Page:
By HANS GREIMEL
Associated Press Writer
TOKYO- U.S. allies in the war on terror marked the fifth anniversary of the Sept. 11 attacks with memorial events for the victims and renewed resolve to keep fighting.
Japanese Prime Minister Junichiro Koizumi warned terrorism remains as big a threat as ever, while Australia's premier promised that the values of liberty and freedom of religion would in the end emerge victorious. U.S. and Philippine troops fighting Islamic extremists in the jungles of southeast Asia prayed for peace and safety.
The outpouring of remembrance reflects an international landscape vastly changed since terrorists hijacked four airliners in 2001, crashing two into New York's World Trade Center, one into the Pentagon and another into a Pennsylvania field.
The attacks claimed 2,973 lives and stunned the world.
On Sunday, President Bush and wife Laura stood in somber silence after laying wreaths at the site where the twin towers of the World Trade Center once soared. He later pledged "renewed resolve" to remember the lessons of the Sept. 11 attacks.
Halfway around the globe, Australian Prime Minister John Howard echoed the determination at a ceremony at the U.S. Embassy in Canberra, saying "terrorism is the enemy of all people of good will."
Howard branded the strikes "an attack on the values that the entire world holds in common" and promised that the ideals of liberty and freedom of religion and speech "will in the end triumph."
The Australian leader also defended his decision to send troops to Iraq in support of the U.S.-led coalition and called the campaign to oust the Taliban regime in Afghanistan the first battle in the war on terror.
"As far as Afghanistan, it's been established beyond any real argument that that was the source of the Osama bin Laden-inspired attack and the Taliban and role of the Taliban and bin Laden in Afghanistan was really, in a sense, the beginning of this campaign of terror in the west," Howard said.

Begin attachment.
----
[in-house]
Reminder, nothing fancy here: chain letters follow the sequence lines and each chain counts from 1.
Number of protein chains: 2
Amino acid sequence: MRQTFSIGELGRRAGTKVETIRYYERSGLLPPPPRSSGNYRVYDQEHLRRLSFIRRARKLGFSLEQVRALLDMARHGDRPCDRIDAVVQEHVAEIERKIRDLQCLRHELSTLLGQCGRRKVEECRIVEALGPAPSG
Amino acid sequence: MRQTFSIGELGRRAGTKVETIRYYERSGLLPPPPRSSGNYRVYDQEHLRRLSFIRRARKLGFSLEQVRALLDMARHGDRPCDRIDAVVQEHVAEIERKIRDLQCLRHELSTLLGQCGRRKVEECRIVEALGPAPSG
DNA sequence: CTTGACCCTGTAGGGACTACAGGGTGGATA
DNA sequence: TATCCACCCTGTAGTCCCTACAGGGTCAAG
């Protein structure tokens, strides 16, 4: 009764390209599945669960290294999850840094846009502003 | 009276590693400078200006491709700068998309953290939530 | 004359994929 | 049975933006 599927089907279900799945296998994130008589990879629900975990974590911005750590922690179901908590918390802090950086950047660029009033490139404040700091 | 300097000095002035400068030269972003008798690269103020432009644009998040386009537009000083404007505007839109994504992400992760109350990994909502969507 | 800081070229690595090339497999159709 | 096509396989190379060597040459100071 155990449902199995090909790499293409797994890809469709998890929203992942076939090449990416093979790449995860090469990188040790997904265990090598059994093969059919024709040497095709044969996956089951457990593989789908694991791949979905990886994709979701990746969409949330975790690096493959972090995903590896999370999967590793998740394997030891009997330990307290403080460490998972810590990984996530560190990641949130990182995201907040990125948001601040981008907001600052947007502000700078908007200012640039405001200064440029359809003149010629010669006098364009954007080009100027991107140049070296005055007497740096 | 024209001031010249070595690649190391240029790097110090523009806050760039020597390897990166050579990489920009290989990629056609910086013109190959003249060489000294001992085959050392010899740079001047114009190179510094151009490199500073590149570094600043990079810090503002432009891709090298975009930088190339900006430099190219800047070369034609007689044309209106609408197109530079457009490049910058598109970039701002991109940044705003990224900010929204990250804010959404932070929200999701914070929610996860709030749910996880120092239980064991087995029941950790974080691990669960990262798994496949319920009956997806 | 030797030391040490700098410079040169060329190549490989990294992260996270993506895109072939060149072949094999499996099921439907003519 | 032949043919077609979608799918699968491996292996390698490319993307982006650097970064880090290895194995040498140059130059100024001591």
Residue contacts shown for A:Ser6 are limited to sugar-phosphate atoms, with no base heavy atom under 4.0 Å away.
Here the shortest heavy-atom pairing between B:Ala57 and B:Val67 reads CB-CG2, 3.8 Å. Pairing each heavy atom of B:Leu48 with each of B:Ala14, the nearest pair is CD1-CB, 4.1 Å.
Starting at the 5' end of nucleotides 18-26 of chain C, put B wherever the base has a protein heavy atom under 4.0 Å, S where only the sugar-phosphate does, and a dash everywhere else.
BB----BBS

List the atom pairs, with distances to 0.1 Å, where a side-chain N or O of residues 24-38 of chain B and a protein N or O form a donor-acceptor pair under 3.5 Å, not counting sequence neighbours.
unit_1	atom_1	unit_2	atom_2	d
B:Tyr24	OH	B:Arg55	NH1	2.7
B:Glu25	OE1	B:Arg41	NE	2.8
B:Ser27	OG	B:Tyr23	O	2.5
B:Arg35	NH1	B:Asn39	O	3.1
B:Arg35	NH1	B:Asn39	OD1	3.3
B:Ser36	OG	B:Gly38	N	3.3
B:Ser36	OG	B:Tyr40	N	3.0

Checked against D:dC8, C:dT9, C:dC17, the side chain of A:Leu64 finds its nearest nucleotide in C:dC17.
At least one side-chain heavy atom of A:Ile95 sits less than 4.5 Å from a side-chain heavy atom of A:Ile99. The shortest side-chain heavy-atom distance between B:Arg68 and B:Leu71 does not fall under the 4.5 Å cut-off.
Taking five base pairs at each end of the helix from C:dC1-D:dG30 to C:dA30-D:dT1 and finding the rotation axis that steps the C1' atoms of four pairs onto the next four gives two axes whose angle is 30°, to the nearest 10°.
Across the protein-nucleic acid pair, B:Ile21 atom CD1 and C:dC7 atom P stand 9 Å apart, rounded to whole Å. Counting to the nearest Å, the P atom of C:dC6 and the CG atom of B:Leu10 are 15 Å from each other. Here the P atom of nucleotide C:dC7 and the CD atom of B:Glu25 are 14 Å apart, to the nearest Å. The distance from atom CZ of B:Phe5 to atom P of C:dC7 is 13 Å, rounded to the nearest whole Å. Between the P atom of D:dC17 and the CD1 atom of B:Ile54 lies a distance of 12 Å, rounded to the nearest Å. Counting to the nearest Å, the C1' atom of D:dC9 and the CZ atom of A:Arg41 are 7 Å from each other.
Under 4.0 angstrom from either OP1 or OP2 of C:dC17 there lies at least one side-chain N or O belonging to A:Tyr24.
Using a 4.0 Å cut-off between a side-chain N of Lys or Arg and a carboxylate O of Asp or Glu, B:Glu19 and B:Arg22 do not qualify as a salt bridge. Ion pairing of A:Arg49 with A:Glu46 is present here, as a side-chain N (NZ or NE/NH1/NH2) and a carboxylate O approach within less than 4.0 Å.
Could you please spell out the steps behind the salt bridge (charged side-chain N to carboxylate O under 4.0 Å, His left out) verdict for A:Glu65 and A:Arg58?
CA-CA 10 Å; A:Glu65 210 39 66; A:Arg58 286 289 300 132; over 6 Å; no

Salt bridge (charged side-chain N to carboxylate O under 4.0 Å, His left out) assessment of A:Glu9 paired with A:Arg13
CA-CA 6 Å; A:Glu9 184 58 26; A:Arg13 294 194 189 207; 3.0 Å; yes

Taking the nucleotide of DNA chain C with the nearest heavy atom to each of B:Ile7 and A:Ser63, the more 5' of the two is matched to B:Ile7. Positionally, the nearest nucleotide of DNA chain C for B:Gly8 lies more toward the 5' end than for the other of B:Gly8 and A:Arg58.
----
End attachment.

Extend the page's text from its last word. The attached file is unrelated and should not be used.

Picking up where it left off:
Another memorial ceremony was also planned for later in the day at the U.S. Embassy in Tokyo. Japan has also been a top supporter of the U.S.-led war on terror, sending troops to Iraq and aiding in logistics support to operations in Afghanistan.
In the southern Philippines, where U.S.-backed government troops have been battling al-Qaida-linked militants, American and Filipino soldiers will mark the anniversary with a quiet ceremony, including prayers and troop formation, said Col. James Linder, commander of American forces in the country.
The Philippines has been the target of a string of attacks, including a 2004 bombing by the al-Qaida-linked group Abu Sayyaf that gutted a ferry in Manila, killing 116 people. It has been hosting the U.S. troops as part of the fight to rein in the violence.
"We will remember all of the many terrorist incidents that have happened in this area, to Americans and to all peace-loving people," Linder said. "All of those things were done by the most hideous type of enemy that all peace-loving people fear."
Not everyone commemorated the anniversary the same way, however.
A videotape posted on the Internet late Sunday, purportedly by al-Qaida, showed previously unseen footage of a smiling Osama bin Laden and other commanders in a mountain camp apparently planning the Sept. 11 attacks.
"Planning for Sept. 11 did not take place behind computer monitors or radar screens, nor inside military command and control centers, but was surrounded with divine protection in an atmosphere brimming with brotherliness ... and love for sacrificing life," an unidentified narrator said on the video.
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